They don't tell you their "preferred providers" may be cutting costs
When your home is damaged by flood, fire, or other catastrophes, your insurance company may refer you to one of its “preferred providers” for remediation work. These providers usually are contractors who work under an ongoing arrangement with the insurer. The insurer may promise to guarantee the preferred provider’s work as an incentive for you to use them.
So be aware that these contractors have a business relationship with your company. Because of that, they may put the insurer’s interest ahead of yours. They also may feel pressure to hold down costs and do less work than what is truly necessary in order to keep the insurance company’s costs low.
As an alternative, you have the right to take the claim money your insurance adjuster sets aside for your repairs and hire your own contractor. If you do this, you will have more control over the process and can be more certain that the contractor is doing the job that needs to be done, not simply holding down costs for your insurance company. The downside is that you will lose any added guarantee of workmanship that your carrier gives for work done by its preferred providers.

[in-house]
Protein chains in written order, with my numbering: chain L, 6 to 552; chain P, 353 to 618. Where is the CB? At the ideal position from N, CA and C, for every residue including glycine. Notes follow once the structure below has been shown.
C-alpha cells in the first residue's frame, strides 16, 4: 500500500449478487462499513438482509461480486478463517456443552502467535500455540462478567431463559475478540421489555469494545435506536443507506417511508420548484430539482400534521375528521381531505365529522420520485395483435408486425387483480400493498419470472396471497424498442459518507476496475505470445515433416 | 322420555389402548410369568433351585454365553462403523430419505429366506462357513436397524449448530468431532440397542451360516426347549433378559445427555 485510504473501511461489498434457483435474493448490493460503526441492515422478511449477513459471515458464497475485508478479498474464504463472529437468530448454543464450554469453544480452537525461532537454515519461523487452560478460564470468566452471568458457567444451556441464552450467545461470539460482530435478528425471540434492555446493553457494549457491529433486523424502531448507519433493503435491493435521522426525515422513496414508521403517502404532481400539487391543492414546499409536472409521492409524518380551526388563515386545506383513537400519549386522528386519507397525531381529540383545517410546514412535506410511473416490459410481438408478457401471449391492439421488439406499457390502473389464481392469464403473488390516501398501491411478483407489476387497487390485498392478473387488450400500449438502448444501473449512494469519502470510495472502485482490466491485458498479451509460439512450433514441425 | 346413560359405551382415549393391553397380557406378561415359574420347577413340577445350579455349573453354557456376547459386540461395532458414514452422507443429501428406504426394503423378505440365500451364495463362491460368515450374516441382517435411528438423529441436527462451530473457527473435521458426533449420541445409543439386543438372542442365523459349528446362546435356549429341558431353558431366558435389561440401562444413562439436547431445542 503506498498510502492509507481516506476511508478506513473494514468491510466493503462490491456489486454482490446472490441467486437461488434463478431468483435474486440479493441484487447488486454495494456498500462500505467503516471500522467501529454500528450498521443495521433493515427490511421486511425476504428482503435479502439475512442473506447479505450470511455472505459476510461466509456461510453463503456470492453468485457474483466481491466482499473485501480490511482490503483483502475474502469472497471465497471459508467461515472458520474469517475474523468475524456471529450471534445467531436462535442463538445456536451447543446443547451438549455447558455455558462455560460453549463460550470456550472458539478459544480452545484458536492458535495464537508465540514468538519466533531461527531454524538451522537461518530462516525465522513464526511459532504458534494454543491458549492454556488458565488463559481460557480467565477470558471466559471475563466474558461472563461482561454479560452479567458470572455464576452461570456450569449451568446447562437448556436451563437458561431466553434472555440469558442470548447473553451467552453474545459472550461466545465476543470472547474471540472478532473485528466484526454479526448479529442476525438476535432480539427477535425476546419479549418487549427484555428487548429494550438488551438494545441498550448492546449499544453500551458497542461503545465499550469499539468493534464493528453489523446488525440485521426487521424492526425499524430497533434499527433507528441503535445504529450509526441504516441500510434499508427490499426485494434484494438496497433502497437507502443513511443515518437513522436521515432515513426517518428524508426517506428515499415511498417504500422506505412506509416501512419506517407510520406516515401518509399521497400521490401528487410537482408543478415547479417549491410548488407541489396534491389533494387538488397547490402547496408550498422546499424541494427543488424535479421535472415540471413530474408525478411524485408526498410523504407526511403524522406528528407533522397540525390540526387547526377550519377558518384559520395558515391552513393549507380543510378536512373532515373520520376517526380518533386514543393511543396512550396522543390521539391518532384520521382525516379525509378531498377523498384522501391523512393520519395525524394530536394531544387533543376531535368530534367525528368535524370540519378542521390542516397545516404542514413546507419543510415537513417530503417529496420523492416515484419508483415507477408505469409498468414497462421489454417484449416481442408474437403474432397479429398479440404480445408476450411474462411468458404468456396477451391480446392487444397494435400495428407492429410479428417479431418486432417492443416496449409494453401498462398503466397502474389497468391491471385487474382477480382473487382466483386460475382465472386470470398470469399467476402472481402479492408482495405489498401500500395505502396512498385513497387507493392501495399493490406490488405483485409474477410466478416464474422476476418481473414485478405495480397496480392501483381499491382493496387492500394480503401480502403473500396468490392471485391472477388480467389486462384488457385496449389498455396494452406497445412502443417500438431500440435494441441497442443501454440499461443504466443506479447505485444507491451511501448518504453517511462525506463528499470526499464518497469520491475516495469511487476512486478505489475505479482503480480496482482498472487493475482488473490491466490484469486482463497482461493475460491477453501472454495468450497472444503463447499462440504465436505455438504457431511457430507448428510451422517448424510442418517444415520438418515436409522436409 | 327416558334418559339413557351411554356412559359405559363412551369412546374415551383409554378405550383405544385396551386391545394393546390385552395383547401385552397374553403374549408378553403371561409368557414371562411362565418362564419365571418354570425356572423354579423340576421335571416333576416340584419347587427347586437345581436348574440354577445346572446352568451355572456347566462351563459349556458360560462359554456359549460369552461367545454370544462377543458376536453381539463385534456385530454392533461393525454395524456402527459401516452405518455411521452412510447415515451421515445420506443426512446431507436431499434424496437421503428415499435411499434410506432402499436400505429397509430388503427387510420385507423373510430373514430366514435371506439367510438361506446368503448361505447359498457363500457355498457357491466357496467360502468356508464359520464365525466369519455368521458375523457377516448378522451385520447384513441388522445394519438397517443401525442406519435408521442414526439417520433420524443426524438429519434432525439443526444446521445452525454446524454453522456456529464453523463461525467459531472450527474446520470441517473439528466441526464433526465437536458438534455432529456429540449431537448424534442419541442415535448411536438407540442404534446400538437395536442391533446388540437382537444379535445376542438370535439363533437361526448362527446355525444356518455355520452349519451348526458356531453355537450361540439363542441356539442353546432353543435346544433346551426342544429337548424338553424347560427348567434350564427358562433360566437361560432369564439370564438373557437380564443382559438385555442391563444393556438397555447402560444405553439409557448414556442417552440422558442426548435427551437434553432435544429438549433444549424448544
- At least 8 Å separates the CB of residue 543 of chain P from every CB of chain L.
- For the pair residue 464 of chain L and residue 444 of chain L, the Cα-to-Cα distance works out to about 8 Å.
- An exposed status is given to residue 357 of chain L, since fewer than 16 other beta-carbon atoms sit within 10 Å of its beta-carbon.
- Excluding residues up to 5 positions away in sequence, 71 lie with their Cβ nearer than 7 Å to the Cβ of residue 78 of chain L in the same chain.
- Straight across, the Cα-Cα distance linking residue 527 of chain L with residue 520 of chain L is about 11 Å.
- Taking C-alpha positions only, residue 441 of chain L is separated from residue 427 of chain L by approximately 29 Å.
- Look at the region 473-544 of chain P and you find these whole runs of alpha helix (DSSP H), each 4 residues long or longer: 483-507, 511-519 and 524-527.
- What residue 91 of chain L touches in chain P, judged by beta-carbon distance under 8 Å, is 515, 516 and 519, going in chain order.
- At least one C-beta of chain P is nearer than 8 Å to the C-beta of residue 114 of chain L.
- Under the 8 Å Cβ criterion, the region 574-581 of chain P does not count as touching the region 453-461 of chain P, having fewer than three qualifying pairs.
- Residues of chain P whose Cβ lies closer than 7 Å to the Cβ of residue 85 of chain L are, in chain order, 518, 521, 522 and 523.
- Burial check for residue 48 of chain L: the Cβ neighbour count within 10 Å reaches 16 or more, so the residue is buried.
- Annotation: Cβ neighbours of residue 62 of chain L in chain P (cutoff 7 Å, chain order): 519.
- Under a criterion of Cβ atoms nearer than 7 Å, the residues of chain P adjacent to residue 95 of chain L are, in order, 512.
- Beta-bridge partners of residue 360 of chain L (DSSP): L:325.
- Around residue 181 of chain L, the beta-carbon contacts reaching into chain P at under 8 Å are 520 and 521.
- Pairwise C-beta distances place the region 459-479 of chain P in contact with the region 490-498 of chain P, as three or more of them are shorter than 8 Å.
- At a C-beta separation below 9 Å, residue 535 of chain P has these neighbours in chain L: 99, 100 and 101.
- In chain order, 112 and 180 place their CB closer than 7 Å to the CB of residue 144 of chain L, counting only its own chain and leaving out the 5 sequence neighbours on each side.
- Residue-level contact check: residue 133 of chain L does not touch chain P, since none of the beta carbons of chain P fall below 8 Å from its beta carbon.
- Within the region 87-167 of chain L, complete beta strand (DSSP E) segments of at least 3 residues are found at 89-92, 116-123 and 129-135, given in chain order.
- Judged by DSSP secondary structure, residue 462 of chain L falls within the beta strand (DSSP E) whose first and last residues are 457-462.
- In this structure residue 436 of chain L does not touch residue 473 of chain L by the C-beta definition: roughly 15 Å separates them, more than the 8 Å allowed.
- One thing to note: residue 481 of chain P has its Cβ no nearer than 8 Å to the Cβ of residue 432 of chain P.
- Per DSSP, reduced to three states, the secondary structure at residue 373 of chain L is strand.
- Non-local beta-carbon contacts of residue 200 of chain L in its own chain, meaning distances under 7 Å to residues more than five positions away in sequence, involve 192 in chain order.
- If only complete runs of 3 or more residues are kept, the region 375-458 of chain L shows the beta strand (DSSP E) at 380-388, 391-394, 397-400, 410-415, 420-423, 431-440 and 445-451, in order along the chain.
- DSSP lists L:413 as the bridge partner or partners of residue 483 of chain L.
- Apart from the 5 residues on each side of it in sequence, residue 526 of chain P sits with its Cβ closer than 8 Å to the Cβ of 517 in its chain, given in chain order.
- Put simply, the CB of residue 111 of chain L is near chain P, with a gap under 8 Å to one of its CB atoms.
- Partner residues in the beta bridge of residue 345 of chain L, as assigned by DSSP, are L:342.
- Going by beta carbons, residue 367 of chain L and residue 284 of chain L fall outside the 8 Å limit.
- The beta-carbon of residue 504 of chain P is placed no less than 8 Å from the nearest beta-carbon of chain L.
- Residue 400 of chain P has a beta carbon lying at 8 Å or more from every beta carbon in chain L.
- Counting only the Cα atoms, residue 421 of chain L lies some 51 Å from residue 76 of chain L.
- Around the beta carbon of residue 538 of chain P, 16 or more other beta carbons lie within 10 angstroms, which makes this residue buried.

Whoever does your repairs, be sure to hire a licensed contractor and check their credentials through your state’s contractor-licensing agency.
Pages in this slideshow:
- 10 dirty little secrets of insurance companies
- They use a FICO insurance risk score to figure out the price of your auto policy -- but you can't see that, either
- They might use proprietary software to shortchange you on accident injury claims
- They know if your attorney is a wimp
- They sneak percentage-based deductibles into your homeowners insurance policy
- They might replace your lost Pottery Barn items with Walmart merchandise
- They make hospitals charge other health insurance companies more
- They'll force you to buy a more expensive homeowner's insurance policy
- They don't tell you their "preferred providers" may be cutting costs
- They don't contact your life insurance beneficiaries when you die